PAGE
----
In an email sent to Ball State staff and faculty around noon on Wednesday, Ball State President Geoffrey Mearns announced that Ball State will begin to reopen throughout the summer. 

Following Gov. Eric Holcomb’s announcement to begin reopening Indiana on Friday, Ball State will reopen in three phases, Mearns said in the email. 

Reopening campus

Between now to May 31, there will not be any changes to faculty working remotely unless “they are expressly authorized and directed to report to campus by their vice presidents to perform a critical task.”

On June 1, he said, small amounts of employees will be allowed to return to working on campus. This will be decided on by the vice presidents at Ball State while following guidelines from Mearns, local officials and the Taskforce on Recovery and the University’s Strategic Transition (TRUST), a taskforce who will provide guidance in the planning process moving forward.

“TRUST is charged with providing recommendations regarding three major aspects of our planning processes: the safe transition of faculty and staff back to campus over the next few months; the safe return of our students back to campus in August; and maintaining a safe campus environment during the next academic year,” Mearns said.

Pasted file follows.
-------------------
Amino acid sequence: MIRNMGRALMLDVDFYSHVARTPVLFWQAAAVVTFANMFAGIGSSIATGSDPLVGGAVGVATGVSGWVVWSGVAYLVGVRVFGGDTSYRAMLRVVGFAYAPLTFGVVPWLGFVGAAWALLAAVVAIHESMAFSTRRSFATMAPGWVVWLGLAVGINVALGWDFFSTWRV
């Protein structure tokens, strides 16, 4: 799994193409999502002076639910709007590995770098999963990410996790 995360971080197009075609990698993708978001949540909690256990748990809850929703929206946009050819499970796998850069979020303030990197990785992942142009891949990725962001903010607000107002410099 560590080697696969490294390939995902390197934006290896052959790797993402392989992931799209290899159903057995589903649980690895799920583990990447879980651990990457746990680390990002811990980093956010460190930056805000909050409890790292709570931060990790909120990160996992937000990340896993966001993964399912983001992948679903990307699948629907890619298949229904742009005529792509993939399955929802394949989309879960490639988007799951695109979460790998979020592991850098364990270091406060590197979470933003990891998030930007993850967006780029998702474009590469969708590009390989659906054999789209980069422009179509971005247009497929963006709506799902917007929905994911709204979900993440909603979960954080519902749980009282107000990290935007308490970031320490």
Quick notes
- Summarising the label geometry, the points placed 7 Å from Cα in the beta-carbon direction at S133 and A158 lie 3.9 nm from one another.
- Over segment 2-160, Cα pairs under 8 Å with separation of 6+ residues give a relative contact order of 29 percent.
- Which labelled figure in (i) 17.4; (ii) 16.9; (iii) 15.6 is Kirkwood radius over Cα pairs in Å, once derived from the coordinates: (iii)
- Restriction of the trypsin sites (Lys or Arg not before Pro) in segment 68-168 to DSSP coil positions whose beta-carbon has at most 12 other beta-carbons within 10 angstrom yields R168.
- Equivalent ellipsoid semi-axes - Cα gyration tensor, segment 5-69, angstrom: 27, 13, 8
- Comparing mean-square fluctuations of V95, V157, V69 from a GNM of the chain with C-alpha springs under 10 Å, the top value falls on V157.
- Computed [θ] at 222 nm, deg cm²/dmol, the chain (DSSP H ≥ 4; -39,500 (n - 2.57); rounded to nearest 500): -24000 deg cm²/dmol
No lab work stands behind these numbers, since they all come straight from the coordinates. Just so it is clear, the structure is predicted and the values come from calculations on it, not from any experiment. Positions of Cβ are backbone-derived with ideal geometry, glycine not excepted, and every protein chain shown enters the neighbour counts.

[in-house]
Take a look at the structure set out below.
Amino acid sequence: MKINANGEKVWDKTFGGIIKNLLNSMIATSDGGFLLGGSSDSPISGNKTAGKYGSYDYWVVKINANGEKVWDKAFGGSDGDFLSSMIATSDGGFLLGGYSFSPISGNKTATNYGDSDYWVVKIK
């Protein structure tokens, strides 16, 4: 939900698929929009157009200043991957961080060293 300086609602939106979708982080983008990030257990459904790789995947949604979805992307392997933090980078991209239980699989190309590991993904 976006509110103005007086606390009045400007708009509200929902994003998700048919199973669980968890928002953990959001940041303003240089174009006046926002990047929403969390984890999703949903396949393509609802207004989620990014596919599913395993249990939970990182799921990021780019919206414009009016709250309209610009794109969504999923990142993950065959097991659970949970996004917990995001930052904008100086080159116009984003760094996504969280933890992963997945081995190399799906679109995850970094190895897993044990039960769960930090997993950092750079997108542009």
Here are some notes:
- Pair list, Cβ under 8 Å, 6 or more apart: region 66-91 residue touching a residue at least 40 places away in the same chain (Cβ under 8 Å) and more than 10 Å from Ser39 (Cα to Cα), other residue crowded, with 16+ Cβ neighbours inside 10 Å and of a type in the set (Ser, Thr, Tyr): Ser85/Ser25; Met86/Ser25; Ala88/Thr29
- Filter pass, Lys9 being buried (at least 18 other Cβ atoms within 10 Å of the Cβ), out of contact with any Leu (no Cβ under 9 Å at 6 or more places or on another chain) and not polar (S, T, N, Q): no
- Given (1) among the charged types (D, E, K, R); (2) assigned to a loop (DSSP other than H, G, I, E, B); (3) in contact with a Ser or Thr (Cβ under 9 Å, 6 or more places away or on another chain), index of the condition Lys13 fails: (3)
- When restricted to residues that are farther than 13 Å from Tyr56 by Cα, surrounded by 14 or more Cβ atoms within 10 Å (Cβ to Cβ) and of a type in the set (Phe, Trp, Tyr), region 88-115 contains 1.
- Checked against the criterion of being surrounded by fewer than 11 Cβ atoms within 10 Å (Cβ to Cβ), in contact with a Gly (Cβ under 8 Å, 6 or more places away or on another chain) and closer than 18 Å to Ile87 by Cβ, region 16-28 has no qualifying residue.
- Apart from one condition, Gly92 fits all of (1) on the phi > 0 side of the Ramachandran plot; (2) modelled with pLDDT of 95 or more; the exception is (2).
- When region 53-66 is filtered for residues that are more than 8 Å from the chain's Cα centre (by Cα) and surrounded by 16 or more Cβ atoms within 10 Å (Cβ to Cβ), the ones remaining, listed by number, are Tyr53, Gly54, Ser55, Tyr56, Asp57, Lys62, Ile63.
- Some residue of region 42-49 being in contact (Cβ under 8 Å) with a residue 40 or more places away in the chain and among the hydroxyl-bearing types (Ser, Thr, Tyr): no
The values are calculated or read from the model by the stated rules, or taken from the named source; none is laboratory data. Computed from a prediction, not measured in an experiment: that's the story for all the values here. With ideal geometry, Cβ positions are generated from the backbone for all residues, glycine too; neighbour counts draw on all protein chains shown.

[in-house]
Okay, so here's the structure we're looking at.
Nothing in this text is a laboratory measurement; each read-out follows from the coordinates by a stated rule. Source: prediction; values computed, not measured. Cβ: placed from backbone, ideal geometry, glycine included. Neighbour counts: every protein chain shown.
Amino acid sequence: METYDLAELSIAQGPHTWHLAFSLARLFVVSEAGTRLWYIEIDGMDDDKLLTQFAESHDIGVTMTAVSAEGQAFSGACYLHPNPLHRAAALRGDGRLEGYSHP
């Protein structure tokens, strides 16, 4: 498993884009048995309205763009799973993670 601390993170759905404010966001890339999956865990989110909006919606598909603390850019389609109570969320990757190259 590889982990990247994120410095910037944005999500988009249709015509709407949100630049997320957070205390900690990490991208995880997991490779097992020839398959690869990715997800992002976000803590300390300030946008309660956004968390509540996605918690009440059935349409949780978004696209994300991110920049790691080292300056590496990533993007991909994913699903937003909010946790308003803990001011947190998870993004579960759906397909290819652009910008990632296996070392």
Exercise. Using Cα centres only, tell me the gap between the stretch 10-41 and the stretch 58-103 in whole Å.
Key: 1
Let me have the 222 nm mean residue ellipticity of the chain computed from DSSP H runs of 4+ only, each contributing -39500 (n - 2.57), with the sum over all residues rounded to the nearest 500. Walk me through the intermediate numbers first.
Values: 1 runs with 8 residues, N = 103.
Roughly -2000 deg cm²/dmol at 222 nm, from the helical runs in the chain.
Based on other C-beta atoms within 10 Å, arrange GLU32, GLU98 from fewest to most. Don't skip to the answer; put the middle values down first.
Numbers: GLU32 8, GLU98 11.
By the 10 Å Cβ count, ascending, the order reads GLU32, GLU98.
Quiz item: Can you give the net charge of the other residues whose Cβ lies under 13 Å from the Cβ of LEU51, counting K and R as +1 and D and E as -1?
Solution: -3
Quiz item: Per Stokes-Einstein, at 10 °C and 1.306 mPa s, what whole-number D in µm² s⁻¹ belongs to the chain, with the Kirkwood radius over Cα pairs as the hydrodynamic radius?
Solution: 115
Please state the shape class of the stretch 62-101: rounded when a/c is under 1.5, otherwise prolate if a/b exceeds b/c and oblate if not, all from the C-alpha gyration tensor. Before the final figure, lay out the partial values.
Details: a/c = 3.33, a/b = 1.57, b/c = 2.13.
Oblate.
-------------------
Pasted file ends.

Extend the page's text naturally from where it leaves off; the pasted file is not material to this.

Starting on July 1, faculty and staff will receive more specific instructions on when and how they can return to campus, and several more campus activities and operations will start again, he said.


While in-person orientation has been closed this year, there will be a virtual orientation instead, Mearns said. Using a “new social media product,” freshmen will be able to connect with their future classmates by creating personal profiles and connecting with students of similar interests.

“Incoming freshmen will have “virtual” course registration appointments with our advisors, and the Office of Orientation will connect our new students with other staff who can assist them with becoming more familiar with campus life,” he said. “We will also offer a variety of online engagement opportunities for the families of new freshmen.”

Academic Planning Group

The Academic Planning Group at Ball State has been examining ways to hold in person classes in the Fall semester, Mearns said, with adjustments and modifications.

He said that next week, Ball State Provost Susana Rivera-Mills will give specific guidance, based on recommendations from the Academic Planning Group, to faculty and staff in Academic Affairs over:

  • Faculty designing courses so that they can easily transition from one modality to another;
  • Administrators developing contingency plans to ensure that all courses can continue to be delivered effectively, irrespective of the potential adjustments that may be needed in the middle of the semester if the COVID-19 threat escalates next Fall;
  • Academic advisors establishing effective alternative methods of communicating with our students and providing continuous support and guidance during these difficult times; and
  • Academic support units developing alternative ways to provide effective tutoring, supplemental instruction, and success coaching.